6. How would an electronic ID apply to rented or leased vehicles that are operated by different carriers or parties throughout the course of the year?

  7. How would or should an electronic ID be tied to States’ CMV record keeping (e.g., International Registration Plan registration, Performance and Registration Information Systems Management (PRISM))?

  8. Are there privacy, health, or coercion concerns FMCSA should consider in a future proposal?


  1. Should the electronic ID framework be flexible so that functionality could be added later, as new safety and other vehicle technologies emerge?

  2. What operational and/or technical processes should be in place for handling situations where messages or data concerning the electronic ID do not send or receive correctly?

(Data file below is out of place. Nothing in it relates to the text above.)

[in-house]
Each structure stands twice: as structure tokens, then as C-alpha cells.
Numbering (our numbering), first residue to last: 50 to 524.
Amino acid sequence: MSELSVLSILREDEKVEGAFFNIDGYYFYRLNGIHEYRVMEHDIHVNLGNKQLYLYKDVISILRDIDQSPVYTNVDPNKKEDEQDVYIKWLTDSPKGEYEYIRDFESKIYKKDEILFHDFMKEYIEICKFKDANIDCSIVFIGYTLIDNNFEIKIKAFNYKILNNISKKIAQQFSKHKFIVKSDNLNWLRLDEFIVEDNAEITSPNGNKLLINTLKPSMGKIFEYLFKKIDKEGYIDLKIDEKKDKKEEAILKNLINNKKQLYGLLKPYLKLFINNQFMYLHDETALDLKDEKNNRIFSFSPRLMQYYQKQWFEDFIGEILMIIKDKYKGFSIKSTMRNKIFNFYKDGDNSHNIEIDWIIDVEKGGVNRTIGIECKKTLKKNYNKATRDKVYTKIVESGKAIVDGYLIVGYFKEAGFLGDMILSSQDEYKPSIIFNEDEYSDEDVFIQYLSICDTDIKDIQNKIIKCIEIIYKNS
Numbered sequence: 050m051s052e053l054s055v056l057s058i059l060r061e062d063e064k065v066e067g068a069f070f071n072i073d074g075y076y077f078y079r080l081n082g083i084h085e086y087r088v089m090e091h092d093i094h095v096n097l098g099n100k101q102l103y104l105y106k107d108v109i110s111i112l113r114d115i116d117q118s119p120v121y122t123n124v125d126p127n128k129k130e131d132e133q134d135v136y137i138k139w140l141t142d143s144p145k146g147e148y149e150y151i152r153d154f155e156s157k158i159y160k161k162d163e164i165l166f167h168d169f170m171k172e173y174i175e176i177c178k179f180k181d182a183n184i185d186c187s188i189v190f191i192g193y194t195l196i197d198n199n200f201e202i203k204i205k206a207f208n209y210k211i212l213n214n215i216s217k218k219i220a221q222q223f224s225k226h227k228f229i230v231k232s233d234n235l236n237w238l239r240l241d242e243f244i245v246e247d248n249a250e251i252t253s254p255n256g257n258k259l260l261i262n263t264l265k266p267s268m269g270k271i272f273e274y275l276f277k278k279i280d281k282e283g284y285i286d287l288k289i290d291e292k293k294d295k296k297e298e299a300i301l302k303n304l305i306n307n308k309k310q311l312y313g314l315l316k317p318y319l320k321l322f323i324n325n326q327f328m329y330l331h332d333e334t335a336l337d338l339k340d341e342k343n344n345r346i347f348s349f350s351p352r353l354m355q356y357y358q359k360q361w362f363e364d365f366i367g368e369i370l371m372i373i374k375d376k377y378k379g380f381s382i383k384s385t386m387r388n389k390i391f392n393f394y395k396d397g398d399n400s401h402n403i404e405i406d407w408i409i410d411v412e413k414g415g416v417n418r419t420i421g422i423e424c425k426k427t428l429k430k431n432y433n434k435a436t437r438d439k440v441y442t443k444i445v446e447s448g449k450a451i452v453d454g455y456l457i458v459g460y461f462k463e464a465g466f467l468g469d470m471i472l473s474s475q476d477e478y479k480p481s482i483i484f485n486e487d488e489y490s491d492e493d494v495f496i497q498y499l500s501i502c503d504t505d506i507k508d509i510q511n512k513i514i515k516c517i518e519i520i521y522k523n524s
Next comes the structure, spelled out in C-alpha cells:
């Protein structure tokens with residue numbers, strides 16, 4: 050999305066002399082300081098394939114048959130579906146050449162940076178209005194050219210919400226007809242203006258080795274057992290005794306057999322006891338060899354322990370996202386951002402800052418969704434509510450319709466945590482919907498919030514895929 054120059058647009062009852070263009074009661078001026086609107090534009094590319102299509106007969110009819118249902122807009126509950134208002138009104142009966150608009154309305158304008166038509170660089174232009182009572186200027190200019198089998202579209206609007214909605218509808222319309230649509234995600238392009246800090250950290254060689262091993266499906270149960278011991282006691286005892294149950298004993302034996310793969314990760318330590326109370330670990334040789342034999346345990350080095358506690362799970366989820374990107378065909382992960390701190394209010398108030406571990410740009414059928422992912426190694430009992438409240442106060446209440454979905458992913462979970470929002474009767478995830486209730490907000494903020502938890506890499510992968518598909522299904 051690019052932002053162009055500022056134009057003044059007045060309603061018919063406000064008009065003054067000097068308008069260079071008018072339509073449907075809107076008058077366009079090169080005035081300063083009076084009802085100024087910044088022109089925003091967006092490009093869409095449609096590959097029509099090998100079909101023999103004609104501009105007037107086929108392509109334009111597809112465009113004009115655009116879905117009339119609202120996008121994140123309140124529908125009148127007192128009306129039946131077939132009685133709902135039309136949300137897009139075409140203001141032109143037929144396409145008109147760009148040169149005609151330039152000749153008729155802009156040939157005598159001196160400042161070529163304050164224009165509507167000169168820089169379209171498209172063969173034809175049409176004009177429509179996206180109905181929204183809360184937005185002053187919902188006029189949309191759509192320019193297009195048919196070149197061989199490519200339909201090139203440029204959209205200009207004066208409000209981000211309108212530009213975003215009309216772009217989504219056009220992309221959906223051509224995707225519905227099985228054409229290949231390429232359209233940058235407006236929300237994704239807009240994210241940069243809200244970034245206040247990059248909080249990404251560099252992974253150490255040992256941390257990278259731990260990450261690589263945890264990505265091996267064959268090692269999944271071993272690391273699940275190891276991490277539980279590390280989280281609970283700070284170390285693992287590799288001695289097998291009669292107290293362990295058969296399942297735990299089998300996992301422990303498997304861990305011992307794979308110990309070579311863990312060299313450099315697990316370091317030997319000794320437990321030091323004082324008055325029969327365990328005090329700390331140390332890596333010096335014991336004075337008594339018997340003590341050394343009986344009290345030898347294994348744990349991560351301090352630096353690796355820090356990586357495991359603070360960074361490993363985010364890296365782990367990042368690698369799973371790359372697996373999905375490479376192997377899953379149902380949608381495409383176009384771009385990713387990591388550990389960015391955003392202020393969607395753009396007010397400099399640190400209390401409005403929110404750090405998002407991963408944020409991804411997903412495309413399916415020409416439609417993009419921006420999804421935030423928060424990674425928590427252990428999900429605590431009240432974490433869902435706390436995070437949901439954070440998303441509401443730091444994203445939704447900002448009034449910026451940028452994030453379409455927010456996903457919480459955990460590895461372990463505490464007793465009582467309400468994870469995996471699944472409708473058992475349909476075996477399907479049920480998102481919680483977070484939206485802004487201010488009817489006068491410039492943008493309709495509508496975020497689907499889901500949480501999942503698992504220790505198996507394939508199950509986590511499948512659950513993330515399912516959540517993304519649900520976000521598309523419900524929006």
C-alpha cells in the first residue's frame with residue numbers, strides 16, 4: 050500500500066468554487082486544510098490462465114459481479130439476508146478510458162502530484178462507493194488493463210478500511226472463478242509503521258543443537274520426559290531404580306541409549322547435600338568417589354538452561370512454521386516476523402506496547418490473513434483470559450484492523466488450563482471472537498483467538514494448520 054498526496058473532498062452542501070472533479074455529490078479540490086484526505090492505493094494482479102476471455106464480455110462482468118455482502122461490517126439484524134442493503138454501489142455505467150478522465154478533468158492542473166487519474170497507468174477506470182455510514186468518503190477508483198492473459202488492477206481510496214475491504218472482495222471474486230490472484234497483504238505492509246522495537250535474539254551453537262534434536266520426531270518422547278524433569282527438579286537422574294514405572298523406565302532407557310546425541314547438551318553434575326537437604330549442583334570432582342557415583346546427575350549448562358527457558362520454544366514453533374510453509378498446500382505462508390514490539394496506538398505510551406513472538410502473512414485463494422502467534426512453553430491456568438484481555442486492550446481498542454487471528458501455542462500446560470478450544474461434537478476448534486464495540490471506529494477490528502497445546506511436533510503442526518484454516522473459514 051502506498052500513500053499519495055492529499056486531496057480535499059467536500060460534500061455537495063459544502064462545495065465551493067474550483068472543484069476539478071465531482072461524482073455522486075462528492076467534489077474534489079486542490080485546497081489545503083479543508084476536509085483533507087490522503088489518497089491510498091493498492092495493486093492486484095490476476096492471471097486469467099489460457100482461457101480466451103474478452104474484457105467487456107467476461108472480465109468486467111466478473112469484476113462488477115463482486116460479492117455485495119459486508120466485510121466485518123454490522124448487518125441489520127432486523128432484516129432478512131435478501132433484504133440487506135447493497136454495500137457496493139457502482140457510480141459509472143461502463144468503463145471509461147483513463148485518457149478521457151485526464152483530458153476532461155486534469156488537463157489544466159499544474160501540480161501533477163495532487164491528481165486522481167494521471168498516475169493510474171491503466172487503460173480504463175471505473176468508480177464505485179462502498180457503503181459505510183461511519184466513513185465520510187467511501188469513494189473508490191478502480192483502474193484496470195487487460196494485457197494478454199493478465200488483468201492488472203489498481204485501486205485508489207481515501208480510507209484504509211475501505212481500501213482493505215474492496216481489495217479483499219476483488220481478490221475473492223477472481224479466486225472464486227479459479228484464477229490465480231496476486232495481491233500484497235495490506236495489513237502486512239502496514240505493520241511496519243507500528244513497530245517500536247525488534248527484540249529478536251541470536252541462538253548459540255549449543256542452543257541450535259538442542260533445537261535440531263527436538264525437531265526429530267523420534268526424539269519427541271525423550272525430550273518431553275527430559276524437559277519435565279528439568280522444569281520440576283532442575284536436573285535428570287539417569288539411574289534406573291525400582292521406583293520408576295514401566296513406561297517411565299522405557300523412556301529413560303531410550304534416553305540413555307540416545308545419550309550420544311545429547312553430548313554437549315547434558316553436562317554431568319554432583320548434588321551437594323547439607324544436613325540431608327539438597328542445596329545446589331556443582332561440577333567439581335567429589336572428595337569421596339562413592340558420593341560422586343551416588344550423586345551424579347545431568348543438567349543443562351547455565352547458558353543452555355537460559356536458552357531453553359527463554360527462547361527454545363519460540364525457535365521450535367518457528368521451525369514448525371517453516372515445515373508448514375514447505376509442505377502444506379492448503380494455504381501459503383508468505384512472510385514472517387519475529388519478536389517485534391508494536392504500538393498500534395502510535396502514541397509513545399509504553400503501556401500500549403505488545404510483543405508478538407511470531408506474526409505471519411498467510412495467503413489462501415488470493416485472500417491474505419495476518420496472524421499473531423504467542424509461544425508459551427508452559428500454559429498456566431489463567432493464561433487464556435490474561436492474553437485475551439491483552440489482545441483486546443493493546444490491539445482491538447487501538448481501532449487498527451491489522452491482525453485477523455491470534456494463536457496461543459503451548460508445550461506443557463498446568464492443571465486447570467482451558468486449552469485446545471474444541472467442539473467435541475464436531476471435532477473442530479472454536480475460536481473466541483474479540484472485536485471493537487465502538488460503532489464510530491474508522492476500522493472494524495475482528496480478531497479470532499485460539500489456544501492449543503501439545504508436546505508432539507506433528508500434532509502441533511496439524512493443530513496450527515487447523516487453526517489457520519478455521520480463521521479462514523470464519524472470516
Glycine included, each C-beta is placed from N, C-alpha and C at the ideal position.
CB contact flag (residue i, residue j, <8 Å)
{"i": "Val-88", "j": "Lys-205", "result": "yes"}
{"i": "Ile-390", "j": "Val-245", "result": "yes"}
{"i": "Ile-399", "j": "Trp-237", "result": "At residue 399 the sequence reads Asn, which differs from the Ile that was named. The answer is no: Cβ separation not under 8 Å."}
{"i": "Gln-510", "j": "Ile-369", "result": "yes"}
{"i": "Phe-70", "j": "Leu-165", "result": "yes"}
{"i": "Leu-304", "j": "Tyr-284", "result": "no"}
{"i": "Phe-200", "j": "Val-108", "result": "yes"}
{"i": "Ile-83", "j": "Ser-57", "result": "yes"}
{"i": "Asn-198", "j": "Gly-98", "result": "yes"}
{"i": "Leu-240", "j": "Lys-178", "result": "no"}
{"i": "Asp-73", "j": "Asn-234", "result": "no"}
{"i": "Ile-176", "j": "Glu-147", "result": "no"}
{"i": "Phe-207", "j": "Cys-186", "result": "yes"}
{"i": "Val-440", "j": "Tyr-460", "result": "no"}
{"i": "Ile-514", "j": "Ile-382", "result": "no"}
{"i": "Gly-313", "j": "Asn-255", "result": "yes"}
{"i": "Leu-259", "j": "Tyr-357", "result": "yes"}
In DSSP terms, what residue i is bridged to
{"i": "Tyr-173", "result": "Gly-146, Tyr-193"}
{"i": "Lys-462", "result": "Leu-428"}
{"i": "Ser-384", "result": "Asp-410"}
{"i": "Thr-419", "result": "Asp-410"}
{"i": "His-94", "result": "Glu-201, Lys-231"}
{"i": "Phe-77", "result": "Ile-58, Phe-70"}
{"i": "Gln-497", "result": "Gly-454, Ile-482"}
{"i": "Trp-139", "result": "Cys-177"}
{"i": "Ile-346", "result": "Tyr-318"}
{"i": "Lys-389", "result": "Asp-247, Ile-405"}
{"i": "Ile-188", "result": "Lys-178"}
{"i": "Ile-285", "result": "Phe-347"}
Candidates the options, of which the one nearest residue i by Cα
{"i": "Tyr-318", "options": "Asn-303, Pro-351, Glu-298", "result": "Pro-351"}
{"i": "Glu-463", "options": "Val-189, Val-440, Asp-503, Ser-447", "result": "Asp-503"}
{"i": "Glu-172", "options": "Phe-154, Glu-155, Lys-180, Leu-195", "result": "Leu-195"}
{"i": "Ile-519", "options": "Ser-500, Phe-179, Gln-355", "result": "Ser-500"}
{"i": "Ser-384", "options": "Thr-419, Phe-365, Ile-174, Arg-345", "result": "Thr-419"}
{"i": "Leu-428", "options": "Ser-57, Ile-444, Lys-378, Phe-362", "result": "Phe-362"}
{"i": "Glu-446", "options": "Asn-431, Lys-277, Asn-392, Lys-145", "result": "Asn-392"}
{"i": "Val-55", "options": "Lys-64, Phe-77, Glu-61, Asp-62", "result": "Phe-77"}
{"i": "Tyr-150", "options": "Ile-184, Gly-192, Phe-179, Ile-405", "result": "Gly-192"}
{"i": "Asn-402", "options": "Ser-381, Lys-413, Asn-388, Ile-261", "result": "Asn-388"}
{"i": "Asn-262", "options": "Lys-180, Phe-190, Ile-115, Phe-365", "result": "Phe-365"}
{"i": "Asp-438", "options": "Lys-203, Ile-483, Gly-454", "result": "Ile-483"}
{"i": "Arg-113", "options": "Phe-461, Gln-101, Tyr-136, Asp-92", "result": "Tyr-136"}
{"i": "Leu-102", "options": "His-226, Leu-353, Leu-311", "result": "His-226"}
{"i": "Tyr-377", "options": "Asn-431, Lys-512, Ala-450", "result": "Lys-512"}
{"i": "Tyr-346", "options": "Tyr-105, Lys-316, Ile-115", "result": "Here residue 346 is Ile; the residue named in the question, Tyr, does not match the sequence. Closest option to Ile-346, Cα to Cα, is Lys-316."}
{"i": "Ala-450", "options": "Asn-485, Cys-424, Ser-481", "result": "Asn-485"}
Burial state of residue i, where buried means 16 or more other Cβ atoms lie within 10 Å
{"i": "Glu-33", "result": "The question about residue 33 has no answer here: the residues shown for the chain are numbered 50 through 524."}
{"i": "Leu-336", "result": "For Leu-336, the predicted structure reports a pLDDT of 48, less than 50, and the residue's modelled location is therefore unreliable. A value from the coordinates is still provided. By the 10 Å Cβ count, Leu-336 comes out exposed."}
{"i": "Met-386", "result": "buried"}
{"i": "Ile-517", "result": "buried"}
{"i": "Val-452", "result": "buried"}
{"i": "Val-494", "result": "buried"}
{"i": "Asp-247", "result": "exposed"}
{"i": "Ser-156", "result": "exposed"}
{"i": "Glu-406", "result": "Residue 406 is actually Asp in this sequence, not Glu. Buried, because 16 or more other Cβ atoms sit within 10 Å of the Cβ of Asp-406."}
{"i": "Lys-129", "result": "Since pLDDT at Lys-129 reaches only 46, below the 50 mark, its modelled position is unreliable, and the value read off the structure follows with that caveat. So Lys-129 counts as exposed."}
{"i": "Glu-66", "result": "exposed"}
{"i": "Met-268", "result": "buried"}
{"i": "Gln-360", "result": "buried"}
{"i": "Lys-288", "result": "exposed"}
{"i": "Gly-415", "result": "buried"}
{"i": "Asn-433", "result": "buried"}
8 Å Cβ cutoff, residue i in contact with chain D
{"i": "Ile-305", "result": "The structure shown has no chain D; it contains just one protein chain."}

3. How quickly can malfunctions in any electronic ID system be located and corrected?

  4. What cybersecurity issues (e.g., “spoofing,” and interference) should FMCSA consider in a future electronic ID proposal? Compare and contrast such concerns with the current electronic ID systems.

  5. How could tampering be prevented if some or all data entry or transfer is performed manually?

Populations Affected

  1. What is the population of trucks that already have a type of electronic ID technology (e.g., PrePass, Drivewyze)?

  2. What is the percentage of carriers that are not identified through current electronic screening capabilities? Please provide any supporting studies or reports.


  1. What are the current and potential future safety benefits of electronic IDs?

    1. Are there studies or reports that provide data to support the benefits of electronic IDs?

    2. Would implementing an electronic ID requirement lower crash rates, if so, how?

  2. How would requiring an electronic ID impact the overall effectiveness of State CMV inspection programs?